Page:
Today, my friend Chris shared with me a link to David Mathre Backyard Springtime Nature in New Jersey web post. David lives in the area and has spent his time under “shelter-in-place” photographing the wildlife in his backyard. While my backyard faces the woods, it’s fenced off, but I occasionally see foxes, rabbits, and deer. I was especially fascinated by the birds David can photograph at his bird feeder. I have a bird feeder in the tree near my rear deck, but the feeder has a cage to discourage squirrels from eating the bird food. It makes photographing the birds challenging. Chris encouraged me to try sitting as still as possible and waiting for the birds to come to the tree. I had mixed success.
The sun was out, and there was an early summer breeze. Bhavna insisted we make use of the day. She wanted to go hiking. We decided to try a new trail, the Rocky Brook Trail, in East Amwell Township in the Sourland Mountain region of Hunterdon County. Our trailhead started at a section of Rocky Brook near CR 518 just west of Rambling Pines Camp but before Route 31.
The 2 km Rocky Brook trail follows a stone-studded tributary of the Stony Brook on the wooded southern flank of the Sourland Mountain Ridge, sometimes right by the stream and sometimes high above it. Before we left, I had told Bhavna that the trail was short, but it seems I misunderstood the trail map on the Sourland Conservancy. We didn’t realise how long we walked until we got to a fork in the trail where we encountered a man and his dog waiting. We stepped into the brush to be sure to provide two metres for him to get by safely.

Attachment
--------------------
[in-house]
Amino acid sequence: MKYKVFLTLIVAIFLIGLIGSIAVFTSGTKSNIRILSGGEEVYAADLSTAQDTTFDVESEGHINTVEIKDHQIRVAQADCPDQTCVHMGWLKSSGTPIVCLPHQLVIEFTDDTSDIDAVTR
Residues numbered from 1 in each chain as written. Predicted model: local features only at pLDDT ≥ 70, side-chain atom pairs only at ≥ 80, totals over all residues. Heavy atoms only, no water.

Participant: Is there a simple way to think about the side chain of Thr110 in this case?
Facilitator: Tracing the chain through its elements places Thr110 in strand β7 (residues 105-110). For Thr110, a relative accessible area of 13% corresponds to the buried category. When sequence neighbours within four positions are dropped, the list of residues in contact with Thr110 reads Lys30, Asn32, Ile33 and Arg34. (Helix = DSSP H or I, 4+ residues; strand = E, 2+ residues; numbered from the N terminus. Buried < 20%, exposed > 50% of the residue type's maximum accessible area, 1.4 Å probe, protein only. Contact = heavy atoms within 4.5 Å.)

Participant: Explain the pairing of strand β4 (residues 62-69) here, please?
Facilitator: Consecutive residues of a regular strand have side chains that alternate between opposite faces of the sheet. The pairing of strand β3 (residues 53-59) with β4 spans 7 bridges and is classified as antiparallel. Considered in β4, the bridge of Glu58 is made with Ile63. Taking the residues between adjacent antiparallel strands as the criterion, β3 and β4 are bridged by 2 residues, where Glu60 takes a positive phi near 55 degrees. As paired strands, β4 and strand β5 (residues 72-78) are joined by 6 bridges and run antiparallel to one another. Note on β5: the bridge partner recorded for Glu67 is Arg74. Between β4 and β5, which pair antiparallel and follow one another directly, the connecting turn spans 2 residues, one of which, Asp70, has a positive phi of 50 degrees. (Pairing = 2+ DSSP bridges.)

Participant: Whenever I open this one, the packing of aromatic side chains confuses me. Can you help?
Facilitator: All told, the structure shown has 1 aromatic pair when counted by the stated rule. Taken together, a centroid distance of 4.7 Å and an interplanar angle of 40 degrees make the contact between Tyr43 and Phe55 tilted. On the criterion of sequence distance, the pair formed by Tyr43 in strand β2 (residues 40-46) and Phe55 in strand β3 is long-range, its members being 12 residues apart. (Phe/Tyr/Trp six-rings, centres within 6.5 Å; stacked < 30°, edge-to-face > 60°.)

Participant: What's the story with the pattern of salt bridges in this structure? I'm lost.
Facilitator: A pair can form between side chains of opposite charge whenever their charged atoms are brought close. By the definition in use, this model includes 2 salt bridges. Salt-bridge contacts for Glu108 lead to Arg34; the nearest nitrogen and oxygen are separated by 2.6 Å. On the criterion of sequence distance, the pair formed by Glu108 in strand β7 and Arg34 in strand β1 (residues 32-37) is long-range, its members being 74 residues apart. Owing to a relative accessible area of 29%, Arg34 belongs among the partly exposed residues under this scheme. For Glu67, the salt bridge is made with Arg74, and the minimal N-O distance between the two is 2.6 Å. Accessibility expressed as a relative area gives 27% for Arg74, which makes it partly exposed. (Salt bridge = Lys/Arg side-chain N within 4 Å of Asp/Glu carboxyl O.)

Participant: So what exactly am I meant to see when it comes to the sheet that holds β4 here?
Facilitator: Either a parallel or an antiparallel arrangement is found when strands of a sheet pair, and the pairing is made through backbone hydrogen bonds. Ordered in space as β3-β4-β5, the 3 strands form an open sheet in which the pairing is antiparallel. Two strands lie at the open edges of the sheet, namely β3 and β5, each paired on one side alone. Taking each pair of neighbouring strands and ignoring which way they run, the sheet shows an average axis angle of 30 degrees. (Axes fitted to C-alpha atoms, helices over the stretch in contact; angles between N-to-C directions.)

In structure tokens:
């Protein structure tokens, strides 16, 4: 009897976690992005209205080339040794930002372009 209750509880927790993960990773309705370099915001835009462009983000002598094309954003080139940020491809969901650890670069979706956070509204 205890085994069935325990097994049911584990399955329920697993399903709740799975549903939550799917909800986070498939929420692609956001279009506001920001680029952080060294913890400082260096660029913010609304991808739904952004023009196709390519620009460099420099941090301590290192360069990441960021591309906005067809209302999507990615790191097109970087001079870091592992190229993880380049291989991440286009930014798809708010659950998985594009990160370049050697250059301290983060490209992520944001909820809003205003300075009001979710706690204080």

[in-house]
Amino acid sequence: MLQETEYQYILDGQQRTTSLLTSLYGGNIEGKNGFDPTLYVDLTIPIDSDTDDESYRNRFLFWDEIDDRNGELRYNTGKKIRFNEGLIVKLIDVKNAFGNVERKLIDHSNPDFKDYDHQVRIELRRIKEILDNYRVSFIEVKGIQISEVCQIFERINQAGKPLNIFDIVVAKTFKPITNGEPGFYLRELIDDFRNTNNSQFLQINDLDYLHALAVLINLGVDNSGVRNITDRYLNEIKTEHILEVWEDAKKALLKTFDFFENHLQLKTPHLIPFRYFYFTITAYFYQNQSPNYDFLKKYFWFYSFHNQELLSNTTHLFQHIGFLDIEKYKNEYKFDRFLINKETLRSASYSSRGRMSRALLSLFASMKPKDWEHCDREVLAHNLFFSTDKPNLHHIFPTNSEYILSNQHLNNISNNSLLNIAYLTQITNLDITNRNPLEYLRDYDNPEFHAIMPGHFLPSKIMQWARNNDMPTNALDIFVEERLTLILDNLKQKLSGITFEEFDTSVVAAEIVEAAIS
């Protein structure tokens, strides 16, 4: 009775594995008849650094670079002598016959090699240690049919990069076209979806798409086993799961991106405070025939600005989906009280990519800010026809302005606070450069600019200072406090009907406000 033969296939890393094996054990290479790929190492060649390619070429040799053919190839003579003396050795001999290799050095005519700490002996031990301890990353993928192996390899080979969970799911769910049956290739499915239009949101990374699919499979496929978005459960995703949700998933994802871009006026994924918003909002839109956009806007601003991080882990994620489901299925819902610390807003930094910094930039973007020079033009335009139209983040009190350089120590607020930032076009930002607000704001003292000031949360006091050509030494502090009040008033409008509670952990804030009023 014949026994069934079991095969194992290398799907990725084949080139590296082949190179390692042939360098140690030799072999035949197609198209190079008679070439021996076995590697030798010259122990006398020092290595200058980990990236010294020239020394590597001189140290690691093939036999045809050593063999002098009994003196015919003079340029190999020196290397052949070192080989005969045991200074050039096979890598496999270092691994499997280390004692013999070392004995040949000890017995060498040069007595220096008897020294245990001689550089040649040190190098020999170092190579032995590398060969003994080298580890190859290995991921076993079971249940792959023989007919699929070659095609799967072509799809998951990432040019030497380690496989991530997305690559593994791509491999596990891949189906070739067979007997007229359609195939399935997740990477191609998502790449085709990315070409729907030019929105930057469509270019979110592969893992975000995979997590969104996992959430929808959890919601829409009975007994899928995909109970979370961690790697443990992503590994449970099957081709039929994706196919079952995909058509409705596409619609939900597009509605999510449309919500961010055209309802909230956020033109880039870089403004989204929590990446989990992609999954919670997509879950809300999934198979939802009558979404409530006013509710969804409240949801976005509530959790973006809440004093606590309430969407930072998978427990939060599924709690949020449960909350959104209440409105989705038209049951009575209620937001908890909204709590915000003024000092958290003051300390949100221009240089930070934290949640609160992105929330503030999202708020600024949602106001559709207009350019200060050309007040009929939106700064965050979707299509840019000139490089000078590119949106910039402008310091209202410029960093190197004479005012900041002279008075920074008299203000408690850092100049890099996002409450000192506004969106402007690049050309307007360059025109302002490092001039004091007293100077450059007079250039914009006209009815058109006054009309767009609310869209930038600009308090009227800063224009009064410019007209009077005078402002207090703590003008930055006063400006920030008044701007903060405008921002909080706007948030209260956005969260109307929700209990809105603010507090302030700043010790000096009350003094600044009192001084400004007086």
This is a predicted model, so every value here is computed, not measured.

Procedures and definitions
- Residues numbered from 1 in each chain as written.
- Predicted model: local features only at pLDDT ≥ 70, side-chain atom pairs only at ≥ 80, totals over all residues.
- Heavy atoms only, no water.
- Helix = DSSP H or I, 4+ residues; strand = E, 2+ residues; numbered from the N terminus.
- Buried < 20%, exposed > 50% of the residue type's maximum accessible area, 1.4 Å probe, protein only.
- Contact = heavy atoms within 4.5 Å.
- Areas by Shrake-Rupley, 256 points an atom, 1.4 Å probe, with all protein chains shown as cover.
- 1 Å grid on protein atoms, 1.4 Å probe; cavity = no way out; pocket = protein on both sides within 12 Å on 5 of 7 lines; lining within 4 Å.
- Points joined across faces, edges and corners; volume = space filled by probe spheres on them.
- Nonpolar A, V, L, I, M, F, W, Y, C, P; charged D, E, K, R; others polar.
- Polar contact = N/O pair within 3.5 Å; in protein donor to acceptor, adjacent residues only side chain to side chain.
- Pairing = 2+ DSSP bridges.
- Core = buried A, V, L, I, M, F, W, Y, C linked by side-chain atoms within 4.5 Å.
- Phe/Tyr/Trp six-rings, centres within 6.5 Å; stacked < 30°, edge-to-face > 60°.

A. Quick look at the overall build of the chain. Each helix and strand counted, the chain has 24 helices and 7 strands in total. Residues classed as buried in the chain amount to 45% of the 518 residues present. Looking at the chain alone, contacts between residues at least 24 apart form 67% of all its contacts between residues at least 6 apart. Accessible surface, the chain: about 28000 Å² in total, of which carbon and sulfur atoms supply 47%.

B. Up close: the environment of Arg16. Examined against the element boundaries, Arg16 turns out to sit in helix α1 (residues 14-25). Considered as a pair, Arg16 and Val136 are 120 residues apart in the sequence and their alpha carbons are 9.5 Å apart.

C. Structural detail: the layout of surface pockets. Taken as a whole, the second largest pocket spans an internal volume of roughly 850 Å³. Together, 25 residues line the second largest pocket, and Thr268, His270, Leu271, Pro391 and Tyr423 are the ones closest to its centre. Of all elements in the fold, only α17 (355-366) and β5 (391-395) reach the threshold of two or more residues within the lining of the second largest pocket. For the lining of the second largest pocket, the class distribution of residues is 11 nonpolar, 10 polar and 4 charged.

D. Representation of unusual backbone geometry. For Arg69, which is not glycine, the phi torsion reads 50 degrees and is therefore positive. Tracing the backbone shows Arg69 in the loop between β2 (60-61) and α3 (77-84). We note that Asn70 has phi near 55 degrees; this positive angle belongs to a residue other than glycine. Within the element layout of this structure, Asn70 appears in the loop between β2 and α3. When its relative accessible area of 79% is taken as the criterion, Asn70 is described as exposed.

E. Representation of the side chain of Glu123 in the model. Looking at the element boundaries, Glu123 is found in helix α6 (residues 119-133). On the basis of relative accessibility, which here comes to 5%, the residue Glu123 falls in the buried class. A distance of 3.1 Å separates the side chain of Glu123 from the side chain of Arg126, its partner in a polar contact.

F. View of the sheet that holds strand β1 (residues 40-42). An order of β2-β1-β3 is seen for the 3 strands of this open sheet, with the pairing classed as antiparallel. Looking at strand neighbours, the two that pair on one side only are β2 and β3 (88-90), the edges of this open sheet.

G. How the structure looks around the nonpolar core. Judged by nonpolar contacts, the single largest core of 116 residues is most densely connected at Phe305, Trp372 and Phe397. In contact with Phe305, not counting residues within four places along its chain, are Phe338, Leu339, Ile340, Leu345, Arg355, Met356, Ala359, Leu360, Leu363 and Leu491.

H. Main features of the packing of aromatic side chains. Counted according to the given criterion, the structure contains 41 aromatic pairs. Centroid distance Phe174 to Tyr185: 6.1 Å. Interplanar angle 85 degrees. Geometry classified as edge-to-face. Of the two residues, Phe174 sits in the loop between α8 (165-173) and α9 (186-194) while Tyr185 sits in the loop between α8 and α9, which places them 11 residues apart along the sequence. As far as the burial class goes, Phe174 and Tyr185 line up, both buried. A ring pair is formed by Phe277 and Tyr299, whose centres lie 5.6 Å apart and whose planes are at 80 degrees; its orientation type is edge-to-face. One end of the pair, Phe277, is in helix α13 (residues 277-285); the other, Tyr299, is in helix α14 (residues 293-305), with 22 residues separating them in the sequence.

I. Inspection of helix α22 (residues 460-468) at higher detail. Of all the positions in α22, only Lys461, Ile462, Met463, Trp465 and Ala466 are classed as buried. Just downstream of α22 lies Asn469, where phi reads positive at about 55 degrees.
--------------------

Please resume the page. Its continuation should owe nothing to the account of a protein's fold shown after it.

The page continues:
Our late afternoon hike was loud and boisterous, filled with the sounds of birds and running water. The air was filled with the sweet odours of green negation. The gentle breezes brought the smells of whatever wildflowers were growing in the brush. We had kid-like fun crossing the Rocky Brook at the Stone Crossing.
While I intended to be fully present, I did stop to take photographs. There were times along the trail that I forget to take pictures, especially when I was entranced by the beautiful light filtering through the leaves of the canopy of ash, hickory, birch and maple trees or when we lost ourselves in quiet meditation while gazing at the gurgling water as it meandered around rocks and tree roots. There is so much natural beauty here, the kind of beauty that heals. We lost track of time, hiking, and talking and “being” and not thinking about how the world is on fire.
We continued until we got to the end of the trail at Snydertown Road. According to the Run Keeper app, we hiked 3.73 km including the round trip back on a portion of the Red Trail.
We discussed whether it would be appropriate to pack a backup with water and snacks, bring in two hiking chairs, and set up on the bank of the forest, and dip our feet into the cold stream water. I think I could do that for hours.